Portugal Colonial - Campaigning wraps up for tight Portugal snap election

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Campaigning wraps up for tight Portugal snap election
Campaigning wraps up for tight Portugal snap election

Campaigning wraps up for tight Portugal snap election

Campaigning wraps up Friday for a tightly-fought weekend general election in Portugal, with polls pointing to a hung parliament and huge gains by the far-right.

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Prime Minister Antonio Costa's Socialists, in office since 2015, are running neck-and-neck with the main opposition centre-right PSD party, according to final surveys published on Friday.

The polls suggest neither party will achieve a parliamentary majority at a crucial time when the nation of some 10 million people is trying to boost its tourism-dependent economy which has been badly hit by the coronavirus pandemic.

A stable government is needed if Portugal is to make the most of a 16.6-billion-euro ($18.7 billion) package of EU recovery funds it is due to receive by 2026.

Sunday's snap polls were called in November, a month after two far-left parties that had propped up Costa's minority government sided with right-wing parties to reject his 2022 draft budget.

The Socialists then had a 13-percentage-point lead over the PSD, which has moved more to the centre since former Porto mayor Rui Rio took over the party.

Speaking at a campaign rally in Lisbon late on Thursday, Costa, 60, asked all leftists to vote for the Socialists to "resolve the tie" with the PSD.

He has warned that a PSD government would be held "hostage" by the far-right party Chega whose support it would likely need -- according to him -- to pass legislation.

"There are no free lunches," he has repeatedly said.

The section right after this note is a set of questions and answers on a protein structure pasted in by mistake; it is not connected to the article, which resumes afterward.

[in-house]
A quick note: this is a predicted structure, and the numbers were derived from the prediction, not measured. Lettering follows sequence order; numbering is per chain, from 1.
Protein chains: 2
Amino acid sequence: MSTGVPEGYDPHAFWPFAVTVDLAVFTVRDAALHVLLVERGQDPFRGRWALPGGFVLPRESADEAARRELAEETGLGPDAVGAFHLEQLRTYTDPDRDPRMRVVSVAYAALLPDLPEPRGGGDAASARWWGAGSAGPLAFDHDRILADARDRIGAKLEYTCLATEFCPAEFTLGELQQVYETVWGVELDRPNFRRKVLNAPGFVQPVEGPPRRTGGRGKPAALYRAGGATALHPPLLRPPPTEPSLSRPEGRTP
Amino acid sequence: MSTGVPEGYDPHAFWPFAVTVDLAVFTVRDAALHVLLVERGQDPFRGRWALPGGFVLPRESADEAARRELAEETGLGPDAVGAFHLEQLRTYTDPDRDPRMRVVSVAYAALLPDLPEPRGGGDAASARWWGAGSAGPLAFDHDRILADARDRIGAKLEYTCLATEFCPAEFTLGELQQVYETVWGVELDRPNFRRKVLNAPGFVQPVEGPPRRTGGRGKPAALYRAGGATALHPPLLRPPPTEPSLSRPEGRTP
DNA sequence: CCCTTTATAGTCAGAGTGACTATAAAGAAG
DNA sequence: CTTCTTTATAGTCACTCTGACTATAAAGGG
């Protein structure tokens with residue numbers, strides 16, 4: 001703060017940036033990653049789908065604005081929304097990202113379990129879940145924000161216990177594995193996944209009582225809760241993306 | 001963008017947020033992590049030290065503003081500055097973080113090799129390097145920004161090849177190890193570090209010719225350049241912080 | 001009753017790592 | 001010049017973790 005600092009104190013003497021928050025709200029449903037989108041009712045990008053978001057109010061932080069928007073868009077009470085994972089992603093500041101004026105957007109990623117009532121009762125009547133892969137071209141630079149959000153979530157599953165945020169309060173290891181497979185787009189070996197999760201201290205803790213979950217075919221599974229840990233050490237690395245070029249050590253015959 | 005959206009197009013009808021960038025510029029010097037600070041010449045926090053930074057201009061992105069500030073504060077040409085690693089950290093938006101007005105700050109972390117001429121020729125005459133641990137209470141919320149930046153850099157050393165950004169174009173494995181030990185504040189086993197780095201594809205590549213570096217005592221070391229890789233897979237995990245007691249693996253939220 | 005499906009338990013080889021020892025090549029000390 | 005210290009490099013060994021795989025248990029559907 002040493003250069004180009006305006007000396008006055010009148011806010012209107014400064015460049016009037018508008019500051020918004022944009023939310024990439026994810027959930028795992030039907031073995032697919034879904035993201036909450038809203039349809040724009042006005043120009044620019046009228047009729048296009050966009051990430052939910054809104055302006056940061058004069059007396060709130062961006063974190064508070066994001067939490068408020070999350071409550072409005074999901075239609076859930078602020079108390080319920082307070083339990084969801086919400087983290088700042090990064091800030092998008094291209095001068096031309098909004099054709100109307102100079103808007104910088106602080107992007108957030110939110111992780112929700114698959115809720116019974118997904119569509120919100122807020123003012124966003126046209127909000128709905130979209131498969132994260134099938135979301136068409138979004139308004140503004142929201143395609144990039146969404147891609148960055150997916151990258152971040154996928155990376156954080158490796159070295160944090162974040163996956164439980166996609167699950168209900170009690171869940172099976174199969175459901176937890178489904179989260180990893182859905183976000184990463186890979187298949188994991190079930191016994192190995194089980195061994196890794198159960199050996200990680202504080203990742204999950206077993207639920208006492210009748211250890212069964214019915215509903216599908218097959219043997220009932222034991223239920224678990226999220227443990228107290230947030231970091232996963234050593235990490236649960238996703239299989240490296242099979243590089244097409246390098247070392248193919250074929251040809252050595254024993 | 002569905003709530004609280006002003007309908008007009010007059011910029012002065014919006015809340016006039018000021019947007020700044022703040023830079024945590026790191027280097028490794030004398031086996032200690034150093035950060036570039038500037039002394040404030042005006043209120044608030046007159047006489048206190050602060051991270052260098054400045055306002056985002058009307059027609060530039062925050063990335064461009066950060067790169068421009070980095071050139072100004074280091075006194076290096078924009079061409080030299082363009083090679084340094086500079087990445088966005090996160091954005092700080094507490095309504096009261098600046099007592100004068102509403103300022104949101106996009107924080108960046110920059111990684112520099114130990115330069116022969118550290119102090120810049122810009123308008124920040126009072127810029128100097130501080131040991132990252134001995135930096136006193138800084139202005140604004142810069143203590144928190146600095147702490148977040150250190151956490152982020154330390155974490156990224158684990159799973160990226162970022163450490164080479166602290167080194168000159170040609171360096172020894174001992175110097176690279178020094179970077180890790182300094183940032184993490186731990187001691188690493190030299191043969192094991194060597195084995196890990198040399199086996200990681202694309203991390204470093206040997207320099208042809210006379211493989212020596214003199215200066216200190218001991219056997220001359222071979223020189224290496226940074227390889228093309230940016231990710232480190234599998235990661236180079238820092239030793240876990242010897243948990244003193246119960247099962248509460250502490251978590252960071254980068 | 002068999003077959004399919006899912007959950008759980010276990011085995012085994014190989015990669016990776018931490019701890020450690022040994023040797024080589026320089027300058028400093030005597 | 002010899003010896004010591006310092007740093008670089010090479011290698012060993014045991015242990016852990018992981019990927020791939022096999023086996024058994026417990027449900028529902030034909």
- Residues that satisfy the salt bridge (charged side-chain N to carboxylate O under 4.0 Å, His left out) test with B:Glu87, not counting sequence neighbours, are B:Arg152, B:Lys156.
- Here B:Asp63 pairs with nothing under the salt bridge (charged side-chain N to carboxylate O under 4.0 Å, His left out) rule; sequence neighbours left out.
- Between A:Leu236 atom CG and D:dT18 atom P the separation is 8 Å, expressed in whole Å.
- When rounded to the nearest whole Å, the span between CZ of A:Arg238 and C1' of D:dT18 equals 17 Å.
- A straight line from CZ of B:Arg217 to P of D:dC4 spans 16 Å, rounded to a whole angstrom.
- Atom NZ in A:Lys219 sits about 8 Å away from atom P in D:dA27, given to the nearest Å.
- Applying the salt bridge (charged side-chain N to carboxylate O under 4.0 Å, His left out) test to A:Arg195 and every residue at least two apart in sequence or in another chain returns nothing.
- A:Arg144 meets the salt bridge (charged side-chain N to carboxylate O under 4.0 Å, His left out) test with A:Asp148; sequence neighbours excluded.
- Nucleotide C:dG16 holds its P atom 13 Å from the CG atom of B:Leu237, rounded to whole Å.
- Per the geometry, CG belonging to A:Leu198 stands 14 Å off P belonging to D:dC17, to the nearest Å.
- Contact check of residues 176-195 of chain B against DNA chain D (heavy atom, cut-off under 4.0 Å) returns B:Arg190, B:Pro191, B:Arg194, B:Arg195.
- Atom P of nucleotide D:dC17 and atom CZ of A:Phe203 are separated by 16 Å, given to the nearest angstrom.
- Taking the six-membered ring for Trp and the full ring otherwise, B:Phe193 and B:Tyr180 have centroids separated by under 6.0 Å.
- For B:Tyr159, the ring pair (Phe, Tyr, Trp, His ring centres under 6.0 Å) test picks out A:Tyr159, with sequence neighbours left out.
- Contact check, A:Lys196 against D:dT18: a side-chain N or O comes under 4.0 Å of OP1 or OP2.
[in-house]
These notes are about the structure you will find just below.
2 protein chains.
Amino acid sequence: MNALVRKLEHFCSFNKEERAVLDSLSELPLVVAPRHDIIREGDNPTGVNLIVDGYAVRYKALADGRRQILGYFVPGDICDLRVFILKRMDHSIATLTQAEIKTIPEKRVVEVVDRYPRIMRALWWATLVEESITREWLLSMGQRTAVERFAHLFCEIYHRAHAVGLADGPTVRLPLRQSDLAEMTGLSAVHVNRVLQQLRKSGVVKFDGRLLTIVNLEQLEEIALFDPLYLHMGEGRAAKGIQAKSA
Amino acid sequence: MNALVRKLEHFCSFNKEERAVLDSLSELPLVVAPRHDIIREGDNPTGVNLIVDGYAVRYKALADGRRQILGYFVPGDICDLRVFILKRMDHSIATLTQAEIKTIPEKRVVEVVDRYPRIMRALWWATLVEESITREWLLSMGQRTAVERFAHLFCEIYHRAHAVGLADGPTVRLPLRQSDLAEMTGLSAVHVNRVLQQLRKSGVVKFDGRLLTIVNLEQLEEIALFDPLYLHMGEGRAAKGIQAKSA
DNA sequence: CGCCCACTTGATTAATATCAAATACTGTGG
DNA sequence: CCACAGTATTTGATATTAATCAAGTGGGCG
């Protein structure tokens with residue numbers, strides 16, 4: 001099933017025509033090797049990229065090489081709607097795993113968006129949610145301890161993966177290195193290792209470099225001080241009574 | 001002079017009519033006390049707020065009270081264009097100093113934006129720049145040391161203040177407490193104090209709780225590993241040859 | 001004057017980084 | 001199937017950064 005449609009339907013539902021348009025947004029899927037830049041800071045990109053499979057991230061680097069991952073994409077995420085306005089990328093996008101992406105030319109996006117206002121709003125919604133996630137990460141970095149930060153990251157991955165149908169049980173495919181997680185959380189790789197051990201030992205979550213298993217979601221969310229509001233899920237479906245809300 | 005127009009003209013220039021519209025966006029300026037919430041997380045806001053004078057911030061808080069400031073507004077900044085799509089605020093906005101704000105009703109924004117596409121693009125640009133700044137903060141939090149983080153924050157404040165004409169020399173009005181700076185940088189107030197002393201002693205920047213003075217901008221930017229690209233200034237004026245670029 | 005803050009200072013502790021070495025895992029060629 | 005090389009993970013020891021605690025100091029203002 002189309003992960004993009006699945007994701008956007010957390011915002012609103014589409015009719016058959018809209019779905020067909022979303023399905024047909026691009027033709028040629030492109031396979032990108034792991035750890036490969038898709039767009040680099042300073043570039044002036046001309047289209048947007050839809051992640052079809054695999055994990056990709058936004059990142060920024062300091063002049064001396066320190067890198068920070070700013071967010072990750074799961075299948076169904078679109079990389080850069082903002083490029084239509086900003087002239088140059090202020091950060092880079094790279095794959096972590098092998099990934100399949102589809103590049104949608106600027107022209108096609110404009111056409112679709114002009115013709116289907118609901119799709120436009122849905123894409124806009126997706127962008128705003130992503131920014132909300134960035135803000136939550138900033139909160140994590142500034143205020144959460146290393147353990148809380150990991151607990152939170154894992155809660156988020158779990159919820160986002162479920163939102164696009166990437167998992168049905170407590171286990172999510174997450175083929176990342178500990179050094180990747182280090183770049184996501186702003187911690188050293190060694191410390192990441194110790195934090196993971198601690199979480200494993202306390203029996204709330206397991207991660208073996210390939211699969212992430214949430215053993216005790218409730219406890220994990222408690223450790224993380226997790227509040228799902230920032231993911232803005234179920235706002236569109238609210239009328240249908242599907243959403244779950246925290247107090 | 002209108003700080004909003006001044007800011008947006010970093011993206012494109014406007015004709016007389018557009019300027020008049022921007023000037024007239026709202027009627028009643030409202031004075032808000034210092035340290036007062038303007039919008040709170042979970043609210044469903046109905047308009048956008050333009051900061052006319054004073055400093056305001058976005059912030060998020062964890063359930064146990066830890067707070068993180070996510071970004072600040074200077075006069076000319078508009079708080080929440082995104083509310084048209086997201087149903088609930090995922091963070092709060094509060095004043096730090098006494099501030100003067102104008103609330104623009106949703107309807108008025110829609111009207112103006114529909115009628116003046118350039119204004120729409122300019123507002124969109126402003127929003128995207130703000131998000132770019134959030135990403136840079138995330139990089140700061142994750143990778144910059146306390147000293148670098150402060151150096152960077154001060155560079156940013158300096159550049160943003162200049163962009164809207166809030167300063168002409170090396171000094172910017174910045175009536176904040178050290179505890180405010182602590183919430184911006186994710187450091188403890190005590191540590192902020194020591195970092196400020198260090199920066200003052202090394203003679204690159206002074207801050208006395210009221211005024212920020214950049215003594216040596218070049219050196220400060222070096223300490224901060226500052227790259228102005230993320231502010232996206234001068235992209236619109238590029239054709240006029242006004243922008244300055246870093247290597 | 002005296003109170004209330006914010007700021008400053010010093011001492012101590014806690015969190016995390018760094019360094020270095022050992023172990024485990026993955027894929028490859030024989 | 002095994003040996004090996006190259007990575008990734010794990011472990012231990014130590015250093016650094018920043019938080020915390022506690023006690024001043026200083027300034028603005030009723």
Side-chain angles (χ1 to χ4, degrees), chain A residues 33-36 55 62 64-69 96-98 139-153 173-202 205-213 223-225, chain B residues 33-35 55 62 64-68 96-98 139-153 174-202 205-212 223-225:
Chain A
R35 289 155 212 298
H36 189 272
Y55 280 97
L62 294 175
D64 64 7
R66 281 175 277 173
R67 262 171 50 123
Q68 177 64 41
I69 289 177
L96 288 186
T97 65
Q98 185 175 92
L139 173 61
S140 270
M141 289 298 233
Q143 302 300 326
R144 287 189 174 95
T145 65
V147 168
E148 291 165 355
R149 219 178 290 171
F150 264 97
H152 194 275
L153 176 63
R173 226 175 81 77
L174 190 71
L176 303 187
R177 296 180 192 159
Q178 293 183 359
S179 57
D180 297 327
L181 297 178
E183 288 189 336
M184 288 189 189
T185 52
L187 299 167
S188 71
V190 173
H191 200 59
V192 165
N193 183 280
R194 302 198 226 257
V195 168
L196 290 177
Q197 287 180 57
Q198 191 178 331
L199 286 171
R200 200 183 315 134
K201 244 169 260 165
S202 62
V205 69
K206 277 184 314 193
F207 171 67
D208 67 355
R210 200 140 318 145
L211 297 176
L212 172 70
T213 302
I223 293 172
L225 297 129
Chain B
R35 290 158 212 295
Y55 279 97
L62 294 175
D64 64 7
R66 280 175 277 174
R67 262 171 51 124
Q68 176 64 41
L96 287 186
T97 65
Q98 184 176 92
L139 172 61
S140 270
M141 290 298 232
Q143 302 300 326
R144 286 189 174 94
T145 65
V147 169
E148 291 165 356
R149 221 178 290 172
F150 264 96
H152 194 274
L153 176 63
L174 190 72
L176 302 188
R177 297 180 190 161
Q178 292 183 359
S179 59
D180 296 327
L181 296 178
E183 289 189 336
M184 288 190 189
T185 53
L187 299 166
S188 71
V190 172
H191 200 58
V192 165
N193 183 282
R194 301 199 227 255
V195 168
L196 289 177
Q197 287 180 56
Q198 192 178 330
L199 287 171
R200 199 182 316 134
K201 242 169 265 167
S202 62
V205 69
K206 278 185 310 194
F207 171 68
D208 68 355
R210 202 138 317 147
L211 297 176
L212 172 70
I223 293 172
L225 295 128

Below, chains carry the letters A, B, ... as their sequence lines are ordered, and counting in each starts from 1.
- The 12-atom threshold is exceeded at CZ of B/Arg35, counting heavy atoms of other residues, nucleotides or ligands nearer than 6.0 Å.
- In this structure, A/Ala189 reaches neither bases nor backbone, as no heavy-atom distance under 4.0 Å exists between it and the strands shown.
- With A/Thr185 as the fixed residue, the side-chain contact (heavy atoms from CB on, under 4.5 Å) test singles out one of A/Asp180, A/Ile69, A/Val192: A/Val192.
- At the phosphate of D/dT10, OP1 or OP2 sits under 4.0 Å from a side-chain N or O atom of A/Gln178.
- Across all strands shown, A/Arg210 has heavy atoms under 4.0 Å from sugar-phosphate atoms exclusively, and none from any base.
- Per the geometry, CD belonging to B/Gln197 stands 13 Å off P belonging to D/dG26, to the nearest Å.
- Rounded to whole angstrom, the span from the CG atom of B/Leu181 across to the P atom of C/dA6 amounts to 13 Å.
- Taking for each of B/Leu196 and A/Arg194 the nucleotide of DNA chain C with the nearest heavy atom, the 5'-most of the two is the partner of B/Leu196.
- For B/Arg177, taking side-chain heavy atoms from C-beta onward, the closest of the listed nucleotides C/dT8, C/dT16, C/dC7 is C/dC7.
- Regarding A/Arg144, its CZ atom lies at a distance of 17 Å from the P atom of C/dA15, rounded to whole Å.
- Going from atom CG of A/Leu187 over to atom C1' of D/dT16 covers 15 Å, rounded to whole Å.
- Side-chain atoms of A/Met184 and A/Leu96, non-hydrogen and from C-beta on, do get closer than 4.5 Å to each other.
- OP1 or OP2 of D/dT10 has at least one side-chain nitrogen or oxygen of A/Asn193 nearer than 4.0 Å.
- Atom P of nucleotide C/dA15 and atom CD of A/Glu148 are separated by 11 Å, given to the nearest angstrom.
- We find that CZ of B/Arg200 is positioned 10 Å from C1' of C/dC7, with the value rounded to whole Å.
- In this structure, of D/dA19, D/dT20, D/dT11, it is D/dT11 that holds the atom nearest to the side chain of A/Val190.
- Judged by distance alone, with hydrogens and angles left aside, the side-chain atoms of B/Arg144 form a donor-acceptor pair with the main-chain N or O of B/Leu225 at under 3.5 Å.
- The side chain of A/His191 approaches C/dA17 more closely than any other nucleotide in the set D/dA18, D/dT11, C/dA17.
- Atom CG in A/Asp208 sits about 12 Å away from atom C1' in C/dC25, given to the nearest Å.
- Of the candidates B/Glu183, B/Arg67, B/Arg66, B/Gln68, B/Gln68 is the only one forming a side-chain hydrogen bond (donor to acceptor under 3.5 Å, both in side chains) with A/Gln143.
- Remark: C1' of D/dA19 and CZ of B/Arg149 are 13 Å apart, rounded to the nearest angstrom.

- Far-right gains -

Chega currently has one member of parliament but polls suggest it could emerge as the third largest party, mirroring gains for the far right elsewhere in Europe.

PSD's Rio has repeatedly vowed not include Chega, which translates as "Enough", in a coalition government and accused Costa of trying to "instill confusion and fear".

The PSD has made gains since it re-elected Rio as its leader in November, turning the page on a long period of internal splits over strategy.

If the PSD wins the most seats but falls short of a majority, it will try to form a coalition with the smaller CDS and Liberal Initiative parties, said political scientist Antonio Costa Pinto.

"Chega would be a very complicated partner for the PSD because it is very unstable," he added.

If the Socialists garner the most votes but lack a majority, Costa has said he plans to govern alone by negotiating support from other parties for laws on a case-by-case basis.

This government would also be "relatively unstable, with little chance of lasting until 2026," said Costa Pinto.

- Pandemic voting measures -

During the last election in October 2019, the Socialists won 108 seats -- eight shy of outright majority.

Under Costa's watch Portugal has rolled back austerity measures, maintained fiscal discipline and slashed unemployment to pre-pandemic levels.

The country also achieved the highest immunisation rate against Covid-19 in Europe, with over 90 percent of its population fully vaccinated.

Polls show voters consider Costa to be a more competent leader than Rio.

"No government is perfect. But in general I think they did well," said Eduardo Carrilho, who is in his 60s, at his newspaper stand in Lisbon's riverside Baixa neighbourhood.

To try to avoid large gatherings on election day because of the pandemic, voters were given the possibility to coast their ballots in advance on January 23.

And voters who are quarantining because of the virus will be allowed to leave home to cast their ballot, with a recommended one-hour slot from 6:00-7:00 pm.